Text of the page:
toggle menu
A juvenile numbat in the Dryandra Woodlands  © John Lawson / WWF-Aus

A juvenile numbat in the Dryandra Woodlands © John Lawson / WWF-Aus

Keep watch to save numbats

01 Sep 2017

Keywords
  • numbat
  • biodiversity
  • south australia
  • threatened species
  • western australia

West Australians are being asked to help save the endangered numbat by reporting sightings of the termite-loving marsupial.

 

It is estimated there are fewer than 1000 numbats left in the wild and WWF-Australia wants to ensure they survive and thrive. But not enough is known about our endangered numbats in the Warren Region as it much more difficult to survey for animals compared to other sites.

 

Numbats used to occur widely across southern Australia but due to habitat loss and predators like cats and foxes, their range has declined dramatically. By the 1970s numbats survived only in small areas of southwest WA and by the 1980s only two sites remained; Dryandra Woodland & the Perup/Kington area within the Warren Region.

 

“Reporting sightings of numbats is a great way that the community can assist this project in the Warren Region. Researchers will have improved information on the distribution of numbats which will help immensely,” said WWF-Australia Species Conservation Manager, Merril Halley.

 

What you can do:

-       Keep an eye out for numbats when you are travelling through potential numbat habitat and report any sightings. Make sure you note the date and the location (GPS coordinates if possible) of sighting. Note the description of the animals and what ti is doing, and if safe, take a photo. Report the details to fauna@dbca.wa.gov.au.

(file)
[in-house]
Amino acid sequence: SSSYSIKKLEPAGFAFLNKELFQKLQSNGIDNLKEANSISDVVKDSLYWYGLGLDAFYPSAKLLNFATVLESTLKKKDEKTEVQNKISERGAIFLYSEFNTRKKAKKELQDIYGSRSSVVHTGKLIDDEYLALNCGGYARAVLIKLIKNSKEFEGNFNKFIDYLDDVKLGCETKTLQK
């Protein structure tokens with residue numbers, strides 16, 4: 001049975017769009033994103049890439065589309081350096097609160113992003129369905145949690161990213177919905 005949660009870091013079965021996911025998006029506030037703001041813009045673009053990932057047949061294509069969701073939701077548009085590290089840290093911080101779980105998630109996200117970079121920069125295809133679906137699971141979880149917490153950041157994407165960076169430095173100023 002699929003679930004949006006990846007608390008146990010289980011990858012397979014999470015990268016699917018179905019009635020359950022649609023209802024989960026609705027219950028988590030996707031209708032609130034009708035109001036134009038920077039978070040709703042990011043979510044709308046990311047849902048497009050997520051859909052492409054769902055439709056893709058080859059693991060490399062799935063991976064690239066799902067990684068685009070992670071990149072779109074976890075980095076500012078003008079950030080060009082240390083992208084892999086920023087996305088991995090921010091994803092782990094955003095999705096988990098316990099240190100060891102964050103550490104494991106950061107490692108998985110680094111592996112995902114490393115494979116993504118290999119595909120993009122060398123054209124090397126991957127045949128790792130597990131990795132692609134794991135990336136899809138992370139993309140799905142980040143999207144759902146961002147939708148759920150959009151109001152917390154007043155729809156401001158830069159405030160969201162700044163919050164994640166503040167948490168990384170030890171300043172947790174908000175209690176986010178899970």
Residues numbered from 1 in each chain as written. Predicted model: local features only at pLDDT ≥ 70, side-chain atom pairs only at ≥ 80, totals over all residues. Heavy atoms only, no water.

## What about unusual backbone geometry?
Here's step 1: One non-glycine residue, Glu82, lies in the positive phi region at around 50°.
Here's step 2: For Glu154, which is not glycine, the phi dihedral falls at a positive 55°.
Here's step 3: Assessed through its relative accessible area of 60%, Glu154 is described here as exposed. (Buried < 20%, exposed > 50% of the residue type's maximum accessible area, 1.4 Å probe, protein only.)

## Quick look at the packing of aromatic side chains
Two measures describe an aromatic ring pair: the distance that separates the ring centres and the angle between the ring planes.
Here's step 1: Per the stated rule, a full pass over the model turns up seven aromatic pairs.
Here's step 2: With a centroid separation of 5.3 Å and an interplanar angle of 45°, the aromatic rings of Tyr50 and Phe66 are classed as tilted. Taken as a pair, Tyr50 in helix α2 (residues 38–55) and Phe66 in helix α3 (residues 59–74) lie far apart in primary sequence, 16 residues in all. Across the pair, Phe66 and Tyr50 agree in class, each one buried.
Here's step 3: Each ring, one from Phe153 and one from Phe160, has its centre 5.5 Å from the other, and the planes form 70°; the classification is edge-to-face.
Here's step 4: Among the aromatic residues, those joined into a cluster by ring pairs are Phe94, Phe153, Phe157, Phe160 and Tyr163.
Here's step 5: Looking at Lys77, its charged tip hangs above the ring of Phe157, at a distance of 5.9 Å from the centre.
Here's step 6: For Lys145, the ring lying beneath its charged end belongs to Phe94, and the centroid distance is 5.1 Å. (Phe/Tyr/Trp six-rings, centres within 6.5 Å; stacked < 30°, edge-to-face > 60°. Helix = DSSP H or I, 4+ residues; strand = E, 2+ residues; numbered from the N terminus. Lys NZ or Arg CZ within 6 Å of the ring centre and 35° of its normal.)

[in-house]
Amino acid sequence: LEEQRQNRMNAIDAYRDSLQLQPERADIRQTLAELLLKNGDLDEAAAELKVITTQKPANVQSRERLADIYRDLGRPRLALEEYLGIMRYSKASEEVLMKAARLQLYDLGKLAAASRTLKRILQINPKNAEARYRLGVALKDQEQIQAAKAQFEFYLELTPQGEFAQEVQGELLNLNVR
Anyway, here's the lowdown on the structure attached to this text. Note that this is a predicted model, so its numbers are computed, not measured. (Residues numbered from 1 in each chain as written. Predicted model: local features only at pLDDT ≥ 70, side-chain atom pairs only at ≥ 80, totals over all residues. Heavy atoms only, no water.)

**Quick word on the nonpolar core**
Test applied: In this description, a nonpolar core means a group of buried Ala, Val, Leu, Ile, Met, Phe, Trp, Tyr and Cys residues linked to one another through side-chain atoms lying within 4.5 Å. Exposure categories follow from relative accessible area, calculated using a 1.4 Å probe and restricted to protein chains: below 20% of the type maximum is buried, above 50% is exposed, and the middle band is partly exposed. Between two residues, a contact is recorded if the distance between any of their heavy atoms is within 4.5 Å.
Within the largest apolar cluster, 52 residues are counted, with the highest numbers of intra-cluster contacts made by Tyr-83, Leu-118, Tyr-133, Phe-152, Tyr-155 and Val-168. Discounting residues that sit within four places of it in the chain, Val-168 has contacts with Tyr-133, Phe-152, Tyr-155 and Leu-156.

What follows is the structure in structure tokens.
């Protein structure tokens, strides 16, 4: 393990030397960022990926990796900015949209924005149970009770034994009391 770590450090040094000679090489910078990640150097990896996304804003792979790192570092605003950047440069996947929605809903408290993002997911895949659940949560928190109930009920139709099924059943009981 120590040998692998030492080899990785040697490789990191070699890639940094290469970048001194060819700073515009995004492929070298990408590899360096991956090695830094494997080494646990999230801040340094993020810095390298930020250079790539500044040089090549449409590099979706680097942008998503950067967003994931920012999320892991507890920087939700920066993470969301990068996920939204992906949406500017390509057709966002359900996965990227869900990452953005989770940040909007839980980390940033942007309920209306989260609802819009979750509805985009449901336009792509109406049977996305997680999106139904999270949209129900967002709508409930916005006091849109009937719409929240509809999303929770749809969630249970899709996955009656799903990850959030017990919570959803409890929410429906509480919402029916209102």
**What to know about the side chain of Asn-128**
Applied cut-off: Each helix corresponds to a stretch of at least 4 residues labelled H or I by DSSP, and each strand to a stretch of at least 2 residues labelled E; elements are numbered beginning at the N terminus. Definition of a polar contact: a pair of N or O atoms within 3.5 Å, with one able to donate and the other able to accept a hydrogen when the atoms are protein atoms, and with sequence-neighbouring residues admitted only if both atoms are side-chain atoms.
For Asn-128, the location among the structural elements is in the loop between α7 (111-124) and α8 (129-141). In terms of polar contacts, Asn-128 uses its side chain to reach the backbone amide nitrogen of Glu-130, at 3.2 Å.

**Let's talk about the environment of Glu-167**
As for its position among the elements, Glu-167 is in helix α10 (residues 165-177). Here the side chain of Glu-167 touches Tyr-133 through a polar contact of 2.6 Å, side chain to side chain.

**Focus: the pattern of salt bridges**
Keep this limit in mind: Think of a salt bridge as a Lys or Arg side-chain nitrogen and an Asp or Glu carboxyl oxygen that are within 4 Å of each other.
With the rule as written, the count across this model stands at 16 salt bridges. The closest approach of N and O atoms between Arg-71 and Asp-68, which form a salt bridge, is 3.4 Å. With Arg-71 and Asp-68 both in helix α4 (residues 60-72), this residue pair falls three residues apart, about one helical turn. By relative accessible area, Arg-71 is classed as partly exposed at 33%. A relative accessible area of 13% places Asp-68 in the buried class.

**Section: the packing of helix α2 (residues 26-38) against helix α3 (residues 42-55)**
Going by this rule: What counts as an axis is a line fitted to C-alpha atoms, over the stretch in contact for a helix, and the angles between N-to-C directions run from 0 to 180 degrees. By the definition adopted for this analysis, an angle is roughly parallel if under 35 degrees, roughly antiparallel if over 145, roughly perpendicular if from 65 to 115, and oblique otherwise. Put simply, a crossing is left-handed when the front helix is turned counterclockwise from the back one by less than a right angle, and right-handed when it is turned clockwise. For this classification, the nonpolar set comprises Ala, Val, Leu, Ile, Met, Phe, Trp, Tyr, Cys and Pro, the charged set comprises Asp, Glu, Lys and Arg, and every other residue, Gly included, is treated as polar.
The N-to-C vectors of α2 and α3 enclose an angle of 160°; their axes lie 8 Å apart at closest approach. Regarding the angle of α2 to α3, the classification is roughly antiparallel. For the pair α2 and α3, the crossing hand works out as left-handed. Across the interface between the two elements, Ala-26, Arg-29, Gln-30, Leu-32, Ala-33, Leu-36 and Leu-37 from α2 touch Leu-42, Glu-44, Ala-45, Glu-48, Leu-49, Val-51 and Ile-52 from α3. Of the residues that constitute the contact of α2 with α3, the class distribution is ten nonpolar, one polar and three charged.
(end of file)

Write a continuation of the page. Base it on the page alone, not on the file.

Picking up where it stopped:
Numbats are active during the day and during the cooler months it is best to look for them between mid-morning and mid-afternoon. Numbats activity corresponds with the activity of their food (termites are active when it is warm). In the Warren Region numbats are generally found in the jarrah, marri or wandoo woodland.

 

Your sightings will provide vital information to WWF and the WA Department of Biodiversity, Conservation & Attractions (DBCA). Remote sensor cameras will also be put in place next month and a citizen science project set up to review the photos so citizen scientists everywhere can help us to identify where numbats and other threatened animals occur in the southwest.

 

Project partners include: Department of Biodiversity, Conservation & Attractions, Murdoch University. It is also supported by funding from the Western Australian Government's State Natural Resource Management Program.

 

 Map of numbat ranges © WWF-Australia  

 

WWF-Australia Media Contact:

Paula Kruger, Senior Manager News and Public Affairs 0407 067 303


Get involved

Shy albatross in flight © Aleks Terauds / WWF-Aus

Species | Oceans

Shy albatross

WWF is helping to protect shy albatross from the impacts of climate change, longline fishing and marine pollution by satellite-tracking birds and inst ...

Act now

Javan Rhinoceros © 2015 Stephen Belcher Photography All Rights Reserved

Species

Javan rhino appeal

Today, the last 67 Javan Rhinos face death from starvation. Help one of the most endangered animals in the world.

Please donate